One adventurous author has shared a series of ebooks documenting his experiences exploring 125 countries solo as a totally blind and partially deaf person, offering a truly unique perspective on the world of travel.
Tony Giles, from Weston-super-Mare in south-west England has spent the last few years travelling as much as possible. To date, his adventures have included seeing all 50 US States, all ten Canadian Provinces, crossing the Arctic Circle by boat off the coast of Norway, bungee jumping 16 times and taking part in three skydives. Having been born with a rare genetic impairment that resulted in Cone Dystrophy and Photo Phobia, and discovering that he was partially deaf in both ears at the age of six, Tony’s path to a life of travel called for him to adapt and pick up unique skills, but his interest in the open road was clear from a very young age. “My dad inspired me to travel with the stories he told me about his time at sea in the merchant navy, and about crossing Australia by train. Also being at a boarding school from the age of ten and a long distance from home encouraged me to get on buses and trains to see my family,” Tony told Lonely Planet Travel News.
Now 39 years old, Tony has just returned from a trip that saw him visiting Jordan, Israel and the Palestinian Territories. As well as being the author of a string of ebooks, titles of which include Seeing The World My Way and Seeing The Americas My Way, Tony recently made a documentary with BBC World Travel Show and is passionate about sharing the lessons he has learned from his unique experiences.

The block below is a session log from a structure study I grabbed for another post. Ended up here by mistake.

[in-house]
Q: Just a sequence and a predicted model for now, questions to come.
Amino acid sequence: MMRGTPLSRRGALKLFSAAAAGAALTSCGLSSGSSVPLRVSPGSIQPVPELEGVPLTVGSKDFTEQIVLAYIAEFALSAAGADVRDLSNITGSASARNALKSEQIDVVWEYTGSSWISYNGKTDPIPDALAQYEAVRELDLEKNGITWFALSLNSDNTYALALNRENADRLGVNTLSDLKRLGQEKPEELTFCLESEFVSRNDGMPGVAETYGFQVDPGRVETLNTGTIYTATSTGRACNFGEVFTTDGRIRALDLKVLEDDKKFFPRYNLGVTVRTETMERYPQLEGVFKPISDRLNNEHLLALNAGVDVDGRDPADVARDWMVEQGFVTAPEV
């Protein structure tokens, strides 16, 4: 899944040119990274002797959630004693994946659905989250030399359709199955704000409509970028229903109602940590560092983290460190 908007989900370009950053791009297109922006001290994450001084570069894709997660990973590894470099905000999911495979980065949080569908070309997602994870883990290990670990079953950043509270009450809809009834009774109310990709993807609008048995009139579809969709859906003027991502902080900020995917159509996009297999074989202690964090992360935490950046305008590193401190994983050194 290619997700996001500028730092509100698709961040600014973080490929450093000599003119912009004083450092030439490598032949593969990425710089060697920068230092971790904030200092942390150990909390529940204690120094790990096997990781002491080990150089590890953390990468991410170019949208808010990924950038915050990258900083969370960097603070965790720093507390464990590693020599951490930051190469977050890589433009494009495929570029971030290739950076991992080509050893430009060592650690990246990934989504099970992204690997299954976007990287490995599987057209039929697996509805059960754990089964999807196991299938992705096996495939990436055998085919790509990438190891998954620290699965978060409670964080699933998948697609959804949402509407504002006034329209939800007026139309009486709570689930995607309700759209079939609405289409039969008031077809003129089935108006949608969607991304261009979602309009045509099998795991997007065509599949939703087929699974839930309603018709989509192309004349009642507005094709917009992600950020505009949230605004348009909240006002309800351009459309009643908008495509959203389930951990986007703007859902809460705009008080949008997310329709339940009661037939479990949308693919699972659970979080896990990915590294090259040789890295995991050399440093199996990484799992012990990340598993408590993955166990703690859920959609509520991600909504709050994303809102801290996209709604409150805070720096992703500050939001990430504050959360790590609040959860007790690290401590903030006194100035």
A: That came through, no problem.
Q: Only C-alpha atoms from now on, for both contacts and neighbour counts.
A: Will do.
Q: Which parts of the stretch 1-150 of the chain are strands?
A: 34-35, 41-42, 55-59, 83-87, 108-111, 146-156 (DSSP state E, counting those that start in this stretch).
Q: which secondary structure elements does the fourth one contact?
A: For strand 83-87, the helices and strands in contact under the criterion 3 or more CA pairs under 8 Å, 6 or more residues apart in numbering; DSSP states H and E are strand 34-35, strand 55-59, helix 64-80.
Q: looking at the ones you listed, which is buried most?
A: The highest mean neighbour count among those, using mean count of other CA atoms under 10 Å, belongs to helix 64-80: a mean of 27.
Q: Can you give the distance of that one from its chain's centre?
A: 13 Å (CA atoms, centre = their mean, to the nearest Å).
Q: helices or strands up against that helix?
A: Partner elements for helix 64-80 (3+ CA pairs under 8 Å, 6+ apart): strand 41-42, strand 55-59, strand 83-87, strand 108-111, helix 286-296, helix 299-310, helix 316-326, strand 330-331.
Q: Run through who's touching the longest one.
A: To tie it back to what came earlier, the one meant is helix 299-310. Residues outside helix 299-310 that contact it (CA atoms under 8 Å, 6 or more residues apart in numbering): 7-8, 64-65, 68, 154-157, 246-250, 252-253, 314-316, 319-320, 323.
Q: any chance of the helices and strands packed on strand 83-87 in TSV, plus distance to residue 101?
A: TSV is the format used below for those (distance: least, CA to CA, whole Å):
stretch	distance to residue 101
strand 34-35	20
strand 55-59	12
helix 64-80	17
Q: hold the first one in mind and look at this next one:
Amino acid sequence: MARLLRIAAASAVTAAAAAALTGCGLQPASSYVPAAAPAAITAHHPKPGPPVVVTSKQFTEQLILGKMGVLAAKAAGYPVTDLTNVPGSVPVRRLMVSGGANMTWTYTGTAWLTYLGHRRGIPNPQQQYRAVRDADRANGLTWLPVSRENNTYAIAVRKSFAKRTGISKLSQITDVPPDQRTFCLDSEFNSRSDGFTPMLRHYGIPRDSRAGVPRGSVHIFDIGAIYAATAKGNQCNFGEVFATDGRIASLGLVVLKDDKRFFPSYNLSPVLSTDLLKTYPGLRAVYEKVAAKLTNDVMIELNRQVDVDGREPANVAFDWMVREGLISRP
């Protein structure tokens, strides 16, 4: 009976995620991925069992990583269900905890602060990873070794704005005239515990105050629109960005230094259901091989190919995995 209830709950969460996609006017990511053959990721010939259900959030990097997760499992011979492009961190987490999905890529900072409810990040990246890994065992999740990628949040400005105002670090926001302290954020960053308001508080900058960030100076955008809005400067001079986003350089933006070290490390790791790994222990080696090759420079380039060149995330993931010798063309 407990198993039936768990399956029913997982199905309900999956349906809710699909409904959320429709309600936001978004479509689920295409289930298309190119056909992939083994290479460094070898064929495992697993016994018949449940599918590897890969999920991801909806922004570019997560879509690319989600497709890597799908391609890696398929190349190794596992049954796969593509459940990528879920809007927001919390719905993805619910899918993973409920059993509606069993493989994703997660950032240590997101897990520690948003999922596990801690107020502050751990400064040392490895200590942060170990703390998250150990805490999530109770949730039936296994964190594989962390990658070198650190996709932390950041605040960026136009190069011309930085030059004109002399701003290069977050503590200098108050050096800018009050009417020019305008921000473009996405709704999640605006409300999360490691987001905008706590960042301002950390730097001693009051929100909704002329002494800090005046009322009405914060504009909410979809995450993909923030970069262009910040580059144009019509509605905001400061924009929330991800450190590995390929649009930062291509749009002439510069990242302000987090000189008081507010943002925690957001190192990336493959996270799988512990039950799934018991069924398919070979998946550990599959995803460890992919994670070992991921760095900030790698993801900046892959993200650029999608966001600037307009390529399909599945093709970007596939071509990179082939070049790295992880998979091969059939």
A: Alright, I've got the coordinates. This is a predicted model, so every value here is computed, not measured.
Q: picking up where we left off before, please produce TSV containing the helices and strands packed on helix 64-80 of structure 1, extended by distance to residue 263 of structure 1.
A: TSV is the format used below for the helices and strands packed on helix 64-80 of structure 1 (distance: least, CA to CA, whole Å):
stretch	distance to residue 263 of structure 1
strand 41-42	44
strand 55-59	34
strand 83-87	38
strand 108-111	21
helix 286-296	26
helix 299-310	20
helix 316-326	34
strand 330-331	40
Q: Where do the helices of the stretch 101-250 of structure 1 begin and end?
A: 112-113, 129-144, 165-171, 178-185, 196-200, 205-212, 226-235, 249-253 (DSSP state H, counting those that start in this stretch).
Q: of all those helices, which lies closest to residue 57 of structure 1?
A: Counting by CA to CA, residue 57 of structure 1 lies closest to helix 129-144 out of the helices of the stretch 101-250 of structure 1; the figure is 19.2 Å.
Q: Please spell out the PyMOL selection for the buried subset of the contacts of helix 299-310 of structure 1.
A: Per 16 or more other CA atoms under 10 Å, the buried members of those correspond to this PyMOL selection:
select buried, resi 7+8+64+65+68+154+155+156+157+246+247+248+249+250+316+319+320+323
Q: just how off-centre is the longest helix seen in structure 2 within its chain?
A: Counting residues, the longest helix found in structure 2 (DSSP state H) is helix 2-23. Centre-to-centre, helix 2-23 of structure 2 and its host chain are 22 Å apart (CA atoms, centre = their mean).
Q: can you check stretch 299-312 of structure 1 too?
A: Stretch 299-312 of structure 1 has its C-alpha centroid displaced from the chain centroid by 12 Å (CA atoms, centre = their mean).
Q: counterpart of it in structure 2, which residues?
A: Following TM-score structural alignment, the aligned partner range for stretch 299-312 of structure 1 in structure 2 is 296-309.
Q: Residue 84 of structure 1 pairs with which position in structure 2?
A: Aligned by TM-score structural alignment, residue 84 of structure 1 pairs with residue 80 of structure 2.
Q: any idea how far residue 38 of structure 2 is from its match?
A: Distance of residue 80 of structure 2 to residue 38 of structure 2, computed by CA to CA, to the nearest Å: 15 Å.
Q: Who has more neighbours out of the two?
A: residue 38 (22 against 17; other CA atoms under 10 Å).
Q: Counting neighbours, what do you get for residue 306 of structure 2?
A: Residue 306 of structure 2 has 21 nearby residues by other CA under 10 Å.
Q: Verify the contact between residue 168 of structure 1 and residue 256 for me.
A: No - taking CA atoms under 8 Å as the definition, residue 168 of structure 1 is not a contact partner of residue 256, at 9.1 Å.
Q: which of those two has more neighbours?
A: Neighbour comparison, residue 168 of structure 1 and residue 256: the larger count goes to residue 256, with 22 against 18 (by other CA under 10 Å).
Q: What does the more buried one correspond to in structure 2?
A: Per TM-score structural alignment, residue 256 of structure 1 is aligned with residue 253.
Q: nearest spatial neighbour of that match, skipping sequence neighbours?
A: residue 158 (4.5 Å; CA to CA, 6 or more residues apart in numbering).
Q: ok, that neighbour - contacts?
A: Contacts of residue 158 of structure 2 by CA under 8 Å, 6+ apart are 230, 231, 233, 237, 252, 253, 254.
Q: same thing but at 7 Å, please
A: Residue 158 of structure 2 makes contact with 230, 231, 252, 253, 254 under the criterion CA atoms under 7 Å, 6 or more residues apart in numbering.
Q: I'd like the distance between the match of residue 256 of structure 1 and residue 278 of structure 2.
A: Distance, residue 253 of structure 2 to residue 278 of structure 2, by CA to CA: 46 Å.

“Travelling has taught me a greater awareness of the world, my fellow travellers, myself, humility, to share more, to respect myself and other people more, patience, which is the real skill to travelling, and many other components. I’ve become a better person, or maybe a more open person. I’m so lucky to visit different countries and discover different cultures, using all of my body’s senses, taste, smell, touch, hearing, my skin, feet to detect changes in terrain, gradients and surfaces. My blindness has allowed me to gain a different picture of the world. It enables me to judge people by voice and their personality, rather than their appearance, skin colour or disability,” Tony told Lonely Planet Travel News.
Tony’s list for next year includes trips to Russia and Greenland, with his final plan being to visit every country in the world while spreading awareness. “Hopefully I can help educate societies into understanding that being disabled is nothing to be scared of or ashamed about. We’re all just people. To other blind and visually impaired people interested in travel, I’d say, live life, have a go. It’s not easy, you need to have plenty of confidence, which I have in abundance, good mobility skills, and knowledge of the places you wish to visit.”
More information on Tony’s travels is available on his personal website.